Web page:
Publix Super Markets has a long history of charitable contribution
Giving back to the communities where it operates has been woven into the culture at Publix Super Markets since its earliest days — an integral part of the organization instilled by founder George Jenkins.
The Lakeland, Fla.-based operator not only contributes to a myriad of local projects, it also supports five organizations through companywide campaigns: Special Olympics, March of Dimes, Children's Miracle Network, United Way and Food For All.
The company's comprehensive approach to community support has earned it SN's 2009 Community Service Award.
Through Jenkins, Publix began giving back to the community soon after its founding in 1930. Giving back to the communities in which Publix employees live and work was a philosophy that Jenkins passed on to all executives and employees in the organization.
“It is really just part of the culture of our company. George Jenkins and others did everything they could to instill that spirit among our employees,” Ed Crenshaw, chief executive officer, told SN.
Publix's past executives, including former CEO Charlie Jenkins Jr. and Mark Hollis, past president and vice chairman of the board, continued George Jenkins' legacy of giving. George Jenkins' daughter, Carol Jenkins Barnett, is president of Publix Super Markets Charities.
During training of all new employees, Publix explains the philosophy of giving that Jenkins instilled and the reasons for giving back to the people in the communities they serve.
Several years ago, George Jenkins' secretary asked him how much he would be worth, had he not given away so much money in his lifetime. He replied, “Probably nothing.”
“That story is told frequently within our company, as a reminder that every time you give, you receive,” Crenshaw said.
“One of the first things they see in the orientation program is the legacy that Mr. Jenkins started,” said Maria Brous, director of media and community relations for Publix. “We also introduce them to United Way; it is our only employee-driven campaign.”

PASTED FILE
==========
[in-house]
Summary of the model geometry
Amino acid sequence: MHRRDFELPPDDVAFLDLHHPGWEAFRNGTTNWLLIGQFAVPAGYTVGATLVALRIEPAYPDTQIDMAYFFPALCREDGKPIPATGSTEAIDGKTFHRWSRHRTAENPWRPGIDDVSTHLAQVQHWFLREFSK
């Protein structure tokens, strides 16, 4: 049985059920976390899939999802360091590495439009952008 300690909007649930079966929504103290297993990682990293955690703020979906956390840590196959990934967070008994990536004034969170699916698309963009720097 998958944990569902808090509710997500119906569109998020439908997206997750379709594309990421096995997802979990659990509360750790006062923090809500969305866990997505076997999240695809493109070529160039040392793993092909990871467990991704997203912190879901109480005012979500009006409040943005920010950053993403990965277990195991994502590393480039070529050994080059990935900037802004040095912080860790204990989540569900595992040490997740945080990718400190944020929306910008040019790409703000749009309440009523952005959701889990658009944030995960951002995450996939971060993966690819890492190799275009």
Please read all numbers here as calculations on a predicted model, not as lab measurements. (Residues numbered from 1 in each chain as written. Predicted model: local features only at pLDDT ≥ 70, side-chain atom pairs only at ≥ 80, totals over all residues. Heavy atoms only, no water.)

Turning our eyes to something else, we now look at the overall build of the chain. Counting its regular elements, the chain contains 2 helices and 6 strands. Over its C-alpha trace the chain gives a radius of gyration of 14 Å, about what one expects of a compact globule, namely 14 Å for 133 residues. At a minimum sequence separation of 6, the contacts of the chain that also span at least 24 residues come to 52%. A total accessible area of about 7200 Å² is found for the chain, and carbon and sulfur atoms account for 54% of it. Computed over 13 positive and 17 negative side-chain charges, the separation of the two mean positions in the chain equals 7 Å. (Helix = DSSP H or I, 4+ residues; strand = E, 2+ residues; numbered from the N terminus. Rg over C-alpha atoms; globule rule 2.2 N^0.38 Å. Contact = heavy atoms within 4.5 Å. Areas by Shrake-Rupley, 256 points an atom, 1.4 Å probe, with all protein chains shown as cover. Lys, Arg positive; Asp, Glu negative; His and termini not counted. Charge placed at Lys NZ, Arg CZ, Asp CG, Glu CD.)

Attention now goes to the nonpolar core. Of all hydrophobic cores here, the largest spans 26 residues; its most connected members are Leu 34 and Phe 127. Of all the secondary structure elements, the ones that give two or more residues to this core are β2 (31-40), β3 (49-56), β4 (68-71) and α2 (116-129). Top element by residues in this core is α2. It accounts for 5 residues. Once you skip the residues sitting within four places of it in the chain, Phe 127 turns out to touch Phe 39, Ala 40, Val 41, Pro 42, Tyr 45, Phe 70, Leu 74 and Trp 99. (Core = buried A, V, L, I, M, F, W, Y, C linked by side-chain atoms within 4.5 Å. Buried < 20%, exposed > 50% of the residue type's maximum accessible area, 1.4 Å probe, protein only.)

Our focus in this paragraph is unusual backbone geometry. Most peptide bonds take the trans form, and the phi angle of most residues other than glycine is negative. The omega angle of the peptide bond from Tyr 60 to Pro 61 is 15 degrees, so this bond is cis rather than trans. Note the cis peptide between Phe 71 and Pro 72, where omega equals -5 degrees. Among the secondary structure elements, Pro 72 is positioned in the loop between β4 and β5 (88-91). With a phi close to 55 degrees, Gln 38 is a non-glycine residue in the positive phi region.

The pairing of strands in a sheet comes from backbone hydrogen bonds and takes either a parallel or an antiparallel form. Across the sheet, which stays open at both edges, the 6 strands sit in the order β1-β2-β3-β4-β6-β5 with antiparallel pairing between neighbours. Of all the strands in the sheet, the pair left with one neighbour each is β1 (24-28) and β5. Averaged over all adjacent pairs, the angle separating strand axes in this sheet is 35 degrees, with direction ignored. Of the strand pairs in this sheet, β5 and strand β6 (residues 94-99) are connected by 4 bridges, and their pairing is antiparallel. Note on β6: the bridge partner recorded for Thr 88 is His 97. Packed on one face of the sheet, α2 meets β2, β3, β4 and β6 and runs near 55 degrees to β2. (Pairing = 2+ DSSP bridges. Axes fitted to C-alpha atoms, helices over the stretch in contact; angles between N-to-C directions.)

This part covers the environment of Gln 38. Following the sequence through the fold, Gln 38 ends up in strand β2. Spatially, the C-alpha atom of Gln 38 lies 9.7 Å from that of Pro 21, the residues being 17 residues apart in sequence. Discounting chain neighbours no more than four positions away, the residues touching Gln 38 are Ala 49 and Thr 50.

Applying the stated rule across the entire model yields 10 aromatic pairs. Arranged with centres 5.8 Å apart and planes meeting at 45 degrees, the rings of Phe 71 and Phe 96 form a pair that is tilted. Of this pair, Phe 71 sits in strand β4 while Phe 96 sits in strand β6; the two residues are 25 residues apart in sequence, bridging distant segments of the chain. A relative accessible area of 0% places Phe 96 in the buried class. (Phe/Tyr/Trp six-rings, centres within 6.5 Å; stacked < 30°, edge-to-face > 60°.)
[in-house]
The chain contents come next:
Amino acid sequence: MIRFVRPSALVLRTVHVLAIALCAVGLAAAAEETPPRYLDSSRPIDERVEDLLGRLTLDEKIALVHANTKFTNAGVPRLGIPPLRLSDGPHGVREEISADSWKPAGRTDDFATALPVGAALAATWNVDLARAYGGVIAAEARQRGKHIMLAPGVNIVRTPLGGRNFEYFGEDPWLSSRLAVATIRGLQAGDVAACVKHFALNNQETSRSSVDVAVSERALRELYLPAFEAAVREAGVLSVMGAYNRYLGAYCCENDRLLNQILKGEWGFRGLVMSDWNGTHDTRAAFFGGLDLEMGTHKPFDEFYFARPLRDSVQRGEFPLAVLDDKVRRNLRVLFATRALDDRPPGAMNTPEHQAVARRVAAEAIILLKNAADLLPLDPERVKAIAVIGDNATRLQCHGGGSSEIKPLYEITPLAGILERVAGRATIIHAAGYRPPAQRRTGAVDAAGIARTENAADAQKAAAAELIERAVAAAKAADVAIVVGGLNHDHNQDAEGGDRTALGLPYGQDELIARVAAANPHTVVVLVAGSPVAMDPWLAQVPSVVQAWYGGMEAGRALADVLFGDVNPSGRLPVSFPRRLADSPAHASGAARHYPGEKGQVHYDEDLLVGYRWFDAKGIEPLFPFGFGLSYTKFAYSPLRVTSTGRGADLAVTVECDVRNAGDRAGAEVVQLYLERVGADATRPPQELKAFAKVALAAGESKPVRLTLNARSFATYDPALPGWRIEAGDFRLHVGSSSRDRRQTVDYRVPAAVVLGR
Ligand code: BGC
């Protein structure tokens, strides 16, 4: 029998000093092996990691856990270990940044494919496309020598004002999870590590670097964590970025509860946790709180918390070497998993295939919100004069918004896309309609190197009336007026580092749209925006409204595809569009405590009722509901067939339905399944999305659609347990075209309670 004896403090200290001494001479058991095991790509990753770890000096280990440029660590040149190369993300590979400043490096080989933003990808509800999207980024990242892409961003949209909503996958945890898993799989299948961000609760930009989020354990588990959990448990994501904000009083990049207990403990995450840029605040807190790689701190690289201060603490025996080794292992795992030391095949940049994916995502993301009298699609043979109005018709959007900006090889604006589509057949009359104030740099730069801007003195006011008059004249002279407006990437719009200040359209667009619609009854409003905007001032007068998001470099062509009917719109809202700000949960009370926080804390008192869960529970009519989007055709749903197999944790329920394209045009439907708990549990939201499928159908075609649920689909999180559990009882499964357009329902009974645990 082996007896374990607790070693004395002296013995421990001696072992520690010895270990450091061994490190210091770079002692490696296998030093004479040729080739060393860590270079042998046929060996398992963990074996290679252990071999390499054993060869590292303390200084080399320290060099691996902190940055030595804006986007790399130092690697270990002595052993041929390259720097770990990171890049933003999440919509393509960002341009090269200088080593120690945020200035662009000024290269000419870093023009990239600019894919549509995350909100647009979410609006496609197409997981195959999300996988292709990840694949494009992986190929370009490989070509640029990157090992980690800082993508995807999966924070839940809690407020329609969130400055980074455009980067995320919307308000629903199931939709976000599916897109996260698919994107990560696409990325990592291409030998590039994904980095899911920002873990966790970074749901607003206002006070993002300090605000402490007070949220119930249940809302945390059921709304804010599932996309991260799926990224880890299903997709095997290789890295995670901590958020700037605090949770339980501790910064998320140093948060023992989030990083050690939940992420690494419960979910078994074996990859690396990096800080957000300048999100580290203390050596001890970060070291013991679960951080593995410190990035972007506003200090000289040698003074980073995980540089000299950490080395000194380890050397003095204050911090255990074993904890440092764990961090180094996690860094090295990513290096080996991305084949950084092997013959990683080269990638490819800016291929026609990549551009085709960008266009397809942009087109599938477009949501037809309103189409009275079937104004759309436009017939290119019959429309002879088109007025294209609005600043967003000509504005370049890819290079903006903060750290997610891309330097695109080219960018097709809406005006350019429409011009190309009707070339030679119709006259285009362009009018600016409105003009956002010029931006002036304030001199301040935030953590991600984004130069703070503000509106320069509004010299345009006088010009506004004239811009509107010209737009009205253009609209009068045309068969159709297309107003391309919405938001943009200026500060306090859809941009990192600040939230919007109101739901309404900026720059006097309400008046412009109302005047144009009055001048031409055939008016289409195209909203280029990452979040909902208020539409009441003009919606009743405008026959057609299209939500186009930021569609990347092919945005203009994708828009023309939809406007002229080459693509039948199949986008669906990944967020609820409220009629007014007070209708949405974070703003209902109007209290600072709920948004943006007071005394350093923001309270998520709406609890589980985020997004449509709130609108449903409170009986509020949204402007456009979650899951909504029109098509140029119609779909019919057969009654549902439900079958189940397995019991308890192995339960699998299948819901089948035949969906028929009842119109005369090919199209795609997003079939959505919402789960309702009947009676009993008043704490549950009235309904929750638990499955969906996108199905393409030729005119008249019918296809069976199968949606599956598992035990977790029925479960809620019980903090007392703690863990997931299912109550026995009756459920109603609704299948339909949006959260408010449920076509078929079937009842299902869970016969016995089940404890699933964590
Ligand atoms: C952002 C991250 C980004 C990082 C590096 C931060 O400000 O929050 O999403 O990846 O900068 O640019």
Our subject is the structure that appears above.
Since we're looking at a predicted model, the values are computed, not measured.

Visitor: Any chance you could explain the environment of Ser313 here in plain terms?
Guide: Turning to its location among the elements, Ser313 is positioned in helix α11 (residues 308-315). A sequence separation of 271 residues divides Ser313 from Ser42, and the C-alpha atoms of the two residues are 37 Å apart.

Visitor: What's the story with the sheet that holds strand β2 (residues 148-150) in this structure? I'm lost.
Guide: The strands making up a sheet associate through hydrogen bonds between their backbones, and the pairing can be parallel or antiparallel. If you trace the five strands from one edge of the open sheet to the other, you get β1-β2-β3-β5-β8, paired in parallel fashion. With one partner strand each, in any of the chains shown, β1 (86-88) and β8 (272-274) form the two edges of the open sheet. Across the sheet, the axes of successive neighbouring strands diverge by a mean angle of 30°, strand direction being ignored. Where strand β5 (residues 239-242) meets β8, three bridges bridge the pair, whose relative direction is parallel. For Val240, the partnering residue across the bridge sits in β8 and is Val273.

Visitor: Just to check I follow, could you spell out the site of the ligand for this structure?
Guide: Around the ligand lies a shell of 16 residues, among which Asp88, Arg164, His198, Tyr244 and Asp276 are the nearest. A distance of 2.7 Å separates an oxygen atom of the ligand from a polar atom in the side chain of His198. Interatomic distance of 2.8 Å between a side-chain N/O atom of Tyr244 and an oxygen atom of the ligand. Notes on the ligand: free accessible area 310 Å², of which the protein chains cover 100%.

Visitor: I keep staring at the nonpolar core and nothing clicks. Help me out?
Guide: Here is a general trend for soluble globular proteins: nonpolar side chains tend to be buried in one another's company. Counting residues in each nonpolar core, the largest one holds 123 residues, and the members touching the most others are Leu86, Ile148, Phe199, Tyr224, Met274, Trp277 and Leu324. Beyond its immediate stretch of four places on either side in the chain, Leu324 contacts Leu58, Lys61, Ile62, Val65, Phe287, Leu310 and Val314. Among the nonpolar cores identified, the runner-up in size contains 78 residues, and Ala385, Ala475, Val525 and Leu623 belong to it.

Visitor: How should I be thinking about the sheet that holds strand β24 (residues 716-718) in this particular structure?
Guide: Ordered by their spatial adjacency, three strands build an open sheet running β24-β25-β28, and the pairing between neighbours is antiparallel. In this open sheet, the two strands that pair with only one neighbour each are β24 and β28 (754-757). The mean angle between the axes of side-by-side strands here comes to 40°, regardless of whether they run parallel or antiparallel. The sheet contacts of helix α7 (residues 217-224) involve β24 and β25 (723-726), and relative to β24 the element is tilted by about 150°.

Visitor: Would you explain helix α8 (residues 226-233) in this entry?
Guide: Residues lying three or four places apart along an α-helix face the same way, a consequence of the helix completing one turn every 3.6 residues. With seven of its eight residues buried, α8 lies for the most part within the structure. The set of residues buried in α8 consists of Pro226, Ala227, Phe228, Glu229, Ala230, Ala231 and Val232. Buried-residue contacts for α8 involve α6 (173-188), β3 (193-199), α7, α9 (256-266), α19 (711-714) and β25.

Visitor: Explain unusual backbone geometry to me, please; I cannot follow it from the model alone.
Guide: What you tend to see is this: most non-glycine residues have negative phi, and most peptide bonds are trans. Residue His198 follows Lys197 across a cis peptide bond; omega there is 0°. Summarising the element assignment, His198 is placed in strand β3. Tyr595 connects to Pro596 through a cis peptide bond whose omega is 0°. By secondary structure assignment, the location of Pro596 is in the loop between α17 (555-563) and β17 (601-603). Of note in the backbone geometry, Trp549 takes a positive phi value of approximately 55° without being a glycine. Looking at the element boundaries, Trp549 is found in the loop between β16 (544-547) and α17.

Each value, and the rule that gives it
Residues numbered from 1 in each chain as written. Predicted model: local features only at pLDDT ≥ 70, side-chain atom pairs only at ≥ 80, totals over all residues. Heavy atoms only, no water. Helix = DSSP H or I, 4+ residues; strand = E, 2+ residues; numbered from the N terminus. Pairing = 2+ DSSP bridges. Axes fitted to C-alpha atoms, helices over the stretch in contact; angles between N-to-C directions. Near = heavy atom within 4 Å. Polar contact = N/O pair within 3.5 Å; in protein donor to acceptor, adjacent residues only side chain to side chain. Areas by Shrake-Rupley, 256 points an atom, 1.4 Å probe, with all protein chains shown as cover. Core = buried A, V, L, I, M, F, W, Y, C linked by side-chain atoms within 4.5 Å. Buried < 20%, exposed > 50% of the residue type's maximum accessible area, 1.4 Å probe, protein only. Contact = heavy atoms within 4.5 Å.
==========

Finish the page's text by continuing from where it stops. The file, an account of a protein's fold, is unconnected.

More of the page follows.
Employees can choose to donate to United Way by deducting money from their paychecks. For every dollar that is donated to United Way, Publix Super Markets Charities matches a dollar for the charity. In 2008, Publix projects that it will have raised more than $20 million for United Way.
Despite the difficult economy, Publix associates increased their giving to United Way in 2008.
“They are committed to giving back to the community, and understand that people are in tougher times,” Brous said.
The philosophy of Publix executives, passed on to employees, is that the company's success is dependent upon a healthy, vibrant community. Workers are encouraged to get involved in their communities and give time, not just money.
“It could be donating time to their church or United Way. When people see the personal satisfaction that associates get from that, it is contagious,” Crenshaw said.
For example, Publix workers have been instrumental in facilitating the March of Dimes' “March for Babies” walks held every spring, according to Debbie Dawson, state director for Florida March of Dimes.
“Publix associates have been the backbone of helping set up for the walks, and providing manpower, food and entertainment. We literally could not have the great walks that we have without their support year after year,” she said.
Publix's store managers and district managers have also provided “overwhelming support and leadership” in the retailer's annual March of Dimes cash register fund-raising drive.
“The Publix Super Markets team ranks fourth nationwide among all the companies that support March of Dimes. Because this company is only in five states in the Southeast, this is an amazing feat,” Dawson said.
Publix raised more than $2.8 million for March of Dimes in 2008.
While associates and executives are very involved in charities, Publix customers have also been very generous to the retailer's causes. Crenshaw believes customers in Publix's operating area give in part because they see the good works that the money raised does in their communities, and Publix tries to ensure that they don't feel pressured to give.